Houdini followed with his Metamorphosis routine and then the Water Torture Cell. I should also note, to promote the entire event he did his upside down strait jacket escape from a crane on Broadway.

When the event was over Houdini's benefits show raised $10,000.00. This would be a little over $212,000.00 in todays money. I'd say it was a huge success.  Speaking of money raised, The Secret Life of Houdini by William Kalush and Larry Sloman says that Houdini sold more than $1,000,000.00 in war bonds and gave away at least $7000 of his own money to soldiers during shows at military bases.

There is more to the Carnival of Magic Show at the Hippodrome, but I'd prefer to include that in an upcoming podcast. For now, I hope you enjoyed Houdini the Patriot!

Wednesday, November 7, 2018

The Forgotten Houdini Student

Poster by Alfred Choubrac
Looking through old magic magazines often reveal little gems of information. I was going through an old issue of Mahatma Magazine, the July 1902 issue, I came across a sentence about Houdini.
"Eugene Fougere has been taking magic lessons from Harry Houdini, according to an account in a German Newspaper. I think that magic is in demand as everyone wants to become a magician."

There is little chance of me finding the German newspaper, but I was curious who this 'Eugene Fougere' was. It turns out that Eugene Fougere is actually Eugenie Fougere and was a French Vaudeville and music hall star.  Her act was extremely suggestive & seductive for the time. She was called a soubrette-a flirtatious or frivolous woman. In 1891, she came to the United States to tour the Vaudeville theaters here. Her tour was met with scandalous reviews. She was really before her time. One article I read likened her to the way America looked at Elvis when he appeared on the scene. Many loved him, others were shocked by his gyrations. I'd say that Eugenie's gyrations were even more daring than anything Elvis was doing, at least for the period of time, but tame for the 21st century of course.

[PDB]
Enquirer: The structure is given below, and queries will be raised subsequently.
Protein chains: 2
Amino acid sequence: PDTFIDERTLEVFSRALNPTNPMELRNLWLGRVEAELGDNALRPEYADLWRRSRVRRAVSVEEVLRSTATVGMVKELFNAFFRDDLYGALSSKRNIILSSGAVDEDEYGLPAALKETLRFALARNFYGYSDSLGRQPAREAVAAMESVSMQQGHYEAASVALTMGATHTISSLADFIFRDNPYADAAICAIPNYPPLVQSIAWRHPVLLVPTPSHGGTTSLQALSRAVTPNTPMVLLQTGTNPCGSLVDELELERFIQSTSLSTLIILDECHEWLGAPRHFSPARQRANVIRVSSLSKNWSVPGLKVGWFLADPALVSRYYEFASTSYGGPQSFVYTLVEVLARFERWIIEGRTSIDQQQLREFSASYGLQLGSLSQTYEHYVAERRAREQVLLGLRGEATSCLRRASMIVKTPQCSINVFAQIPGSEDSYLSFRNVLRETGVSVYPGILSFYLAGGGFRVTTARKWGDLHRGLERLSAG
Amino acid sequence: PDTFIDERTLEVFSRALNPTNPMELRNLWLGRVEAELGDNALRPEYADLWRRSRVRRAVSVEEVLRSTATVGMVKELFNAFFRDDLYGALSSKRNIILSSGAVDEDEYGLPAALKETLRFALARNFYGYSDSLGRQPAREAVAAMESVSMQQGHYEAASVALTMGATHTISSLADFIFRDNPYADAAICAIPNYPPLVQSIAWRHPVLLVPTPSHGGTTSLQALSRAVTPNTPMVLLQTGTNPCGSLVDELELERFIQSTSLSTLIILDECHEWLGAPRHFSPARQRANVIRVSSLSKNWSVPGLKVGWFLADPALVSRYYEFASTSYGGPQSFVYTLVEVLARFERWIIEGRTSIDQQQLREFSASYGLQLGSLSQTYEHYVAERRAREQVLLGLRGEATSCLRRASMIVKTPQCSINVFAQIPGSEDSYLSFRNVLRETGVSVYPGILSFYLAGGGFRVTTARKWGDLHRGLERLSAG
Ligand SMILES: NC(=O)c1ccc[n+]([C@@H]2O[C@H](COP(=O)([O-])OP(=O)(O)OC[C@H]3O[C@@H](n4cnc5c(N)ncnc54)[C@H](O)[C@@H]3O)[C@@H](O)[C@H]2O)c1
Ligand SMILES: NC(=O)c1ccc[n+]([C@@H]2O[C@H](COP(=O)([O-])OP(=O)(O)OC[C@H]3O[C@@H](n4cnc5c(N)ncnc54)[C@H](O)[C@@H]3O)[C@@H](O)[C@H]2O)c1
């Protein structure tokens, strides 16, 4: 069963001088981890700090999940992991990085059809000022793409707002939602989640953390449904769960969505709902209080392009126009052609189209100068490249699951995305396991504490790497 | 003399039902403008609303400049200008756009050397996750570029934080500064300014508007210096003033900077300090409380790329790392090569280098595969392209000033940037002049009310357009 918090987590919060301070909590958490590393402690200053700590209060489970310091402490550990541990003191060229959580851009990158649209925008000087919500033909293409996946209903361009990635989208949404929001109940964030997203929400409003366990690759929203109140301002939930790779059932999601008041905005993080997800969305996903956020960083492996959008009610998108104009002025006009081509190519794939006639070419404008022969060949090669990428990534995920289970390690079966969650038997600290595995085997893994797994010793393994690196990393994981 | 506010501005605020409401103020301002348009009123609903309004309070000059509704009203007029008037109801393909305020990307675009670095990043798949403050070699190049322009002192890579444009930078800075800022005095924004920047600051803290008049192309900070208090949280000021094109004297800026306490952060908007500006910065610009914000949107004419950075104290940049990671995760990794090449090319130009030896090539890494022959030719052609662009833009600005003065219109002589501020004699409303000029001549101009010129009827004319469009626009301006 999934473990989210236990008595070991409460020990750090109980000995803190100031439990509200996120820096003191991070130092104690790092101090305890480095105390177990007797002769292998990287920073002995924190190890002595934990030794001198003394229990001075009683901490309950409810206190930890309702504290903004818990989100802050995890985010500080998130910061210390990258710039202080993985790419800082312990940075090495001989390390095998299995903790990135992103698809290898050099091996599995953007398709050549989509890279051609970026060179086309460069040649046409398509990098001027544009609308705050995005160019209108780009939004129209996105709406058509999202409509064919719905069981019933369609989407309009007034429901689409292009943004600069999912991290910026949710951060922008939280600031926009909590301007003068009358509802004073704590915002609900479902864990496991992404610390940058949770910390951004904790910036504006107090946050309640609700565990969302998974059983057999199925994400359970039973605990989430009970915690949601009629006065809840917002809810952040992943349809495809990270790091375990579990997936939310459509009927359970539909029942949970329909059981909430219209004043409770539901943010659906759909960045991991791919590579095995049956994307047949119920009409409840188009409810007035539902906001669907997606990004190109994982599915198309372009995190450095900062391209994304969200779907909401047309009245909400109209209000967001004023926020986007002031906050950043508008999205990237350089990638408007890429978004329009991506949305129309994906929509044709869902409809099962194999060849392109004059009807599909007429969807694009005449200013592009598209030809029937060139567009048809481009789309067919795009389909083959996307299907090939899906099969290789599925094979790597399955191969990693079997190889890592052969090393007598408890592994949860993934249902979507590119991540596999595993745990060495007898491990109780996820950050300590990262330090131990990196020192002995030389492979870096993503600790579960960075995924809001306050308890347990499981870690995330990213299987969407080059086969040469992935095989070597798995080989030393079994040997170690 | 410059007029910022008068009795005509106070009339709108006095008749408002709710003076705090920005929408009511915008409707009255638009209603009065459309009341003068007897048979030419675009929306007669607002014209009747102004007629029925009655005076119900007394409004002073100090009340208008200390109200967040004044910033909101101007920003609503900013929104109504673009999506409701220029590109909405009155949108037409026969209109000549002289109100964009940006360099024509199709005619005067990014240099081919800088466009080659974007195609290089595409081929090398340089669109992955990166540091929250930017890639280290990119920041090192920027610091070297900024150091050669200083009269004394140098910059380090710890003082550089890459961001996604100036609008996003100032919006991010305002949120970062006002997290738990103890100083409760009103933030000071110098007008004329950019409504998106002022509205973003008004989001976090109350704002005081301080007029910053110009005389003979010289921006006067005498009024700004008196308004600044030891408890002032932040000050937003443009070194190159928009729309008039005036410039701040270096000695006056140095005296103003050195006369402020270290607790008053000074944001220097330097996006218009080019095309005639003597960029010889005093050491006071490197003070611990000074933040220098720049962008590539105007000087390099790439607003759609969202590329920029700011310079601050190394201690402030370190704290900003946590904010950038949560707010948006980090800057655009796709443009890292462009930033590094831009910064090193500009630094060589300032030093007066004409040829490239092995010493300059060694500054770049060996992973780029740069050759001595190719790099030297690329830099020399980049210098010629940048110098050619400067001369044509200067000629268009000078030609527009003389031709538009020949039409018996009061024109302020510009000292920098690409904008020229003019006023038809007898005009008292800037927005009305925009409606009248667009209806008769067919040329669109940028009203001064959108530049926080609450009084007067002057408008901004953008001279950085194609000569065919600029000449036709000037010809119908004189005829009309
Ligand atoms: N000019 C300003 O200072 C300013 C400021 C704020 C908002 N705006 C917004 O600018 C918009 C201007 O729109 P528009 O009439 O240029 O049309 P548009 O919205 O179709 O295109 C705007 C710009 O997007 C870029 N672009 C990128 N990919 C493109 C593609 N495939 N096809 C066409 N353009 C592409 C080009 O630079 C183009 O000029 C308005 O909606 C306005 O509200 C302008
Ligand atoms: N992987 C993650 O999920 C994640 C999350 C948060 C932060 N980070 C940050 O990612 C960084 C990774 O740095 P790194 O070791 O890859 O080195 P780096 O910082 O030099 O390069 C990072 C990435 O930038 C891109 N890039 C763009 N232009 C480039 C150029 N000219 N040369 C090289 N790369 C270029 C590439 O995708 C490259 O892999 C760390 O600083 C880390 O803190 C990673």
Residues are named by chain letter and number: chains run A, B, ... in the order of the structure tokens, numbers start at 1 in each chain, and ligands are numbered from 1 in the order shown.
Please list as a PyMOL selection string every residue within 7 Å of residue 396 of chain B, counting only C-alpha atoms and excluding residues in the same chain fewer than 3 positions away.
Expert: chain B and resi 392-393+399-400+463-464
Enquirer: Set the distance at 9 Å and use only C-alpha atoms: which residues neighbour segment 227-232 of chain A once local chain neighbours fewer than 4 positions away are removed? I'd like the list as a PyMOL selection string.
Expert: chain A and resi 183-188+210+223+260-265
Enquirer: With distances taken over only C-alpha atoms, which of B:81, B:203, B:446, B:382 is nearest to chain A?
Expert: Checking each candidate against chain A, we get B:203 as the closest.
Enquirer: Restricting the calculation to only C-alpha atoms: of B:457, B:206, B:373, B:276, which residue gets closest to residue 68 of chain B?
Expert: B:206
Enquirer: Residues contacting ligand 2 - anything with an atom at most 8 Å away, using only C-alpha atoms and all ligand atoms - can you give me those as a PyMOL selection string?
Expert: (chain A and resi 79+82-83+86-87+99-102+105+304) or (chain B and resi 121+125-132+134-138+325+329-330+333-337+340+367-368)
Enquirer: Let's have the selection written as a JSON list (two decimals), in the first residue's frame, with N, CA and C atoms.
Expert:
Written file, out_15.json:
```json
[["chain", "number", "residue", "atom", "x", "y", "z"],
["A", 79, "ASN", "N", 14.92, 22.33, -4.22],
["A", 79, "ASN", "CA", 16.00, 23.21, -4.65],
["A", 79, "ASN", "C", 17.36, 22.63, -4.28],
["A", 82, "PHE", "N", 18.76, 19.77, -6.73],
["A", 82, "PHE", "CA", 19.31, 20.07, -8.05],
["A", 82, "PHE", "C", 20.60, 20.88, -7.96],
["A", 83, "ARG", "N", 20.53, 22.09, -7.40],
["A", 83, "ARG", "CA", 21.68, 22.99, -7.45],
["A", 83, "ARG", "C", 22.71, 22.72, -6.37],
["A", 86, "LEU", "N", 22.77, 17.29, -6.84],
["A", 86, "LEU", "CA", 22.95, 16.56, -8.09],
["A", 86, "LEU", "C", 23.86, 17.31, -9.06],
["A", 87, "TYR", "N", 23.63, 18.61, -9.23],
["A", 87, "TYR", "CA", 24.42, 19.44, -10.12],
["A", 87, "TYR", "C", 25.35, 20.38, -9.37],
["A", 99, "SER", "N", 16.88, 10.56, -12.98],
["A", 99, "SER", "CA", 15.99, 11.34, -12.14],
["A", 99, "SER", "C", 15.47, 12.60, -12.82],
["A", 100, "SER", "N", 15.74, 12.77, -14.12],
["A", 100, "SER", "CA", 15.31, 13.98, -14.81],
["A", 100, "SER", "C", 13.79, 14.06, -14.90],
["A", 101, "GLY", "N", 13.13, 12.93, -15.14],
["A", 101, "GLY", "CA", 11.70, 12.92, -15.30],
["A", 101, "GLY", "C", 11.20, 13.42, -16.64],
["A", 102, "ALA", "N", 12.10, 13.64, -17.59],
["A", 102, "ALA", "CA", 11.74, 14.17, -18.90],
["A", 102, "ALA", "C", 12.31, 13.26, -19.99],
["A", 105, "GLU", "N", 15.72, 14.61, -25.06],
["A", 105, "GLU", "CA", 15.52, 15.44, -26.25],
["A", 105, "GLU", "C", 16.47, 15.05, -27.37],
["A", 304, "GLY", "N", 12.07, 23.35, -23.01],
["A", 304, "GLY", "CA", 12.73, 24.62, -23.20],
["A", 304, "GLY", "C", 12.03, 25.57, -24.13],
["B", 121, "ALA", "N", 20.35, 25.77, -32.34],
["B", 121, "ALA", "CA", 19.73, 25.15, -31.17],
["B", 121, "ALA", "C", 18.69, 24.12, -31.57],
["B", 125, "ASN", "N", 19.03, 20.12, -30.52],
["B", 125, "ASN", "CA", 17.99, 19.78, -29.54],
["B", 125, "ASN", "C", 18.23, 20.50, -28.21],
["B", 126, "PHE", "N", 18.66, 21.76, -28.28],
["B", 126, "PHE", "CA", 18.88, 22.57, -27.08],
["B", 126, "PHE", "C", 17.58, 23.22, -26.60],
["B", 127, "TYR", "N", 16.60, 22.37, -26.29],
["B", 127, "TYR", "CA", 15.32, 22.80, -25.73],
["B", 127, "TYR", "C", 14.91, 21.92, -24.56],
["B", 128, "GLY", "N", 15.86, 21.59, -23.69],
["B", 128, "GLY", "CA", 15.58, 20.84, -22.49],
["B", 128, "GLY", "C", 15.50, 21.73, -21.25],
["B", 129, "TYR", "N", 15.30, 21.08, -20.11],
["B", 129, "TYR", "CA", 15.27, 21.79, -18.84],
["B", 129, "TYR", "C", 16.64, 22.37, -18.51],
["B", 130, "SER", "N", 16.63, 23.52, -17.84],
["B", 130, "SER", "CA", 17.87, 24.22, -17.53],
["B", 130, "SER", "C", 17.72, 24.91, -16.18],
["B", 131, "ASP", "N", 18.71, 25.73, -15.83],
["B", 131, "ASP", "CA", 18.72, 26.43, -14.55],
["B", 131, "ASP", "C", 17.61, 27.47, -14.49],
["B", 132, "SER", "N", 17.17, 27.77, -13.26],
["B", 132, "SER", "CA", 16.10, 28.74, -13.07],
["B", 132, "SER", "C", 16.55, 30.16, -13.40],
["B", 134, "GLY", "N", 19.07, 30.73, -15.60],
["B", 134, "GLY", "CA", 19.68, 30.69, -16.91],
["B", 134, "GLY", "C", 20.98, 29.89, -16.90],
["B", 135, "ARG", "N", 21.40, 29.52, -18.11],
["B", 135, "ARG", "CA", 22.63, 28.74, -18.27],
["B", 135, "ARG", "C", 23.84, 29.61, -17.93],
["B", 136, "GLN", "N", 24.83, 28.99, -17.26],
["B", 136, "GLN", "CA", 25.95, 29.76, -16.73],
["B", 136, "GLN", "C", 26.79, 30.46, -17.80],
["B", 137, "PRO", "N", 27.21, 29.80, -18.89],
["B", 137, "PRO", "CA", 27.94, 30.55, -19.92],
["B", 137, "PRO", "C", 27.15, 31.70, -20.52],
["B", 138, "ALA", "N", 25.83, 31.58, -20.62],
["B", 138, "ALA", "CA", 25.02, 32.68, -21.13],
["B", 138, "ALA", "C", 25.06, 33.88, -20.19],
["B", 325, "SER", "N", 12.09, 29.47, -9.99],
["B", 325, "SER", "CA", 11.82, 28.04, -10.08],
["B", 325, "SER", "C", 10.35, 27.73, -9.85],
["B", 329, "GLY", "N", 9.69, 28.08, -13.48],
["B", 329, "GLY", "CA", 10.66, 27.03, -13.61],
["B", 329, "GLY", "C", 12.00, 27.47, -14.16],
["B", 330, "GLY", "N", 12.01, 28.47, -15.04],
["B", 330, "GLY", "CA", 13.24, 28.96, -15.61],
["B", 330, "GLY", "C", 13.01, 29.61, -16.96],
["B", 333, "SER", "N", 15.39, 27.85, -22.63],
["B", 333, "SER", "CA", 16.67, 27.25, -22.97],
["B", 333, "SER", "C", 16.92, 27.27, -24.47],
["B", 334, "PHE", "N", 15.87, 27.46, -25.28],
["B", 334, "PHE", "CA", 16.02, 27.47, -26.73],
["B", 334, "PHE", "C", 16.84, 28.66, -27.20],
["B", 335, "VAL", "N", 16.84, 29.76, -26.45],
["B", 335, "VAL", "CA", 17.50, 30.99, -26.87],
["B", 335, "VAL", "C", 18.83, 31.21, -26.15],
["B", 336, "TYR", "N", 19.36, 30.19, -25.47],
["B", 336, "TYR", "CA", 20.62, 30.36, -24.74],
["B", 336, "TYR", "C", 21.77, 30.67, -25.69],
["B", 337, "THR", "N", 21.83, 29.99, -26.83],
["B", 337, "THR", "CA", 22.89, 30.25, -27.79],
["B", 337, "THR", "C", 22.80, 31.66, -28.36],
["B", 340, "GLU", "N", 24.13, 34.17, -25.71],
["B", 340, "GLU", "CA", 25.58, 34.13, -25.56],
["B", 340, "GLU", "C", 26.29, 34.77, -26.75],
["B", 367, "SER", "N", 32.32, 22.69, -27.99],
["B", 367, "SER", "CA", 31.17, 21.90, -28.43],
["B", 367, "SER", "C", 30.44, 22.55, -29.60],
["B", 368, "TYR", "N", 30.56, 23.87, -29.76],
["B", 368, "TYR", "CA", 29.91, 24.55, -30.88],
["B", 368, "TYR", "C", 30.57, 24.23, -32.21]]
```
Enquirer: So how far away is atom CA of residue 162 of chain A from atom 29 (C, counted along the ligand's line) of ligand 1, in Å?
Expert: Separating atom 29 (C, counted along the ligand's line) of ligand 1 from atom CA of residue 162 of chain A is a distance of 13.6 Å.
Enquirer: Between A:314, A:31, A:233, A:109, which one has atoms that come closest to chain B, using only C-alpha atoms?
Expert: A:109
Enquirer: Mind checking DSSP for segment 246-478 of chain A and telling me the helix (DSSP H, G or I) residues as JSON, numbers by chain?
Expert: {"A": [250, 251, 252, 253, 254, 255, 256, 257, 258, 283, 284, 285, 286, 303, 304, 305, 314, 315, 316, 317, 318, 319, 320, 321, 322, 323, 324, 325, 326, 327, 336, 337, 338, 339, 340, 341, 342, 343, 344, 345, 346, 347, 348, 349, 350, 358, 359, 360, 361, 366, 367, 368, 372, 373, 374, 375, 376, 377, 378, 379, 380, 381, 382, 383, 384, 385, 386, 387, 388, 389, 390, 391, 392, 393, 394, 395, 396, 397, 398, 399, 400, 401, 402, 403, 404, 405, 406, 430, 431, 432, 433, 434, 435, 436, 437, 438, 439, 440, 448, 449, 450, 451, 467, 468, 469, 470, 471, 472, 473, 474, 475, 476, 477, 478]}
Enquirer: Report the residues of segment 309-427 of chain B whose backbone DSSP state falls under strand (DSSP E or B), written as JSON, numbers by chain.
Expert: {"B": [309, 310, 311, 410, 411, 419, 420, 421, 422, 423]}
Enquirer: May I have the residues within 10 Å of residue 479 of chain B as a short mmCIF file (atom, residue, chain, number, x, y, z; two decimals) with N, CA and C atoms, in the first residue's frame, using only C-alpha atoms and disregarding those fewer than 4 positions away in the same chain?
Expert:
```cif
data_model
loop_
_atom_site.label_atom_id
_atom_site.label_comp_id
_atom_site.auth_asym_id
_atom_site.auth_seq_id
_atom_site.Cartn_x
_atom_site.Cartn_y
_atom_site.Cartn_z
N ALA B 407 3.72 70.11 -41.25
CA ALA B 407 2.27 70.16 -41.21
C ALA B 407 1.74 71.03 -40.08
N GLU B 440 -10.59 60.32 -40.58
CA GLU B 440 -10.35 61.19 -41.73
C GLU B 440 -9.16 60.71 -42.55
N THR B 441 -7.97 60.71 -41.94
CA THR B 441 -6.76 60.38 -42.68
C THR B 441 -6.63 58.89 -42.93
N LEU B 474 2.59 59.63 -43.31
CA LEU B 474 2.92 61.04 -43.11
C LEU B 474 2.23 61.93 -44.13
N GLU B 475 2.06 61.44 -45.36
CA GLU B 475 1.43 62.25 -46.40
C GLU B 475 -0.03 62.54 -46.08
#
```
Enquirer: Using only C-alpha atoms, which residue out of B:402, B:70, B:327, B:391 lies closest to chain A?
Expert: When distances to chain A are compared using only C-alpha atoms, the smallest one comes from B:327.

In 1902 she was back in Paris. Houdini, in January & half of  February of 1902, was performing at The Olympia Theatre in Paris. He started at the Olympia on November 29th, 1901. The Olympia is a 2000 seat theatre that has since hosted stars like Josephine Baker, Marlene Dietrich, Liza Minelli, The Jackson Five, The Rolling Stones, even the Beatles. But in 1901-02, the Olympia was featuring Houdini & Eugenie Fougere on their bill. It was his King of Cards Act that made him a hit in Paris, rather than his handcuff act. I would imagine it was card magic that he was teaching to Eugenie Fougere. And I've seen nothing in regards to her adding magic to her act. It is likely her sex appeal outshined any tricks she might have included.

By the way, one of Houdini's more famous non-escape promotions took place in Paris. He hired 7 bald headed men to paint the letters H-O-U-D-I-N-I on top of their heads. They would then wear a bowler hat and sit at a cafe. Then at numerous times per day, they would lean over and remove their hats, showing the name HOUDINI to passers by.

And now, for the curious, here is Eugenie Fougere presenting her 'ragtime -cake-walk' dance.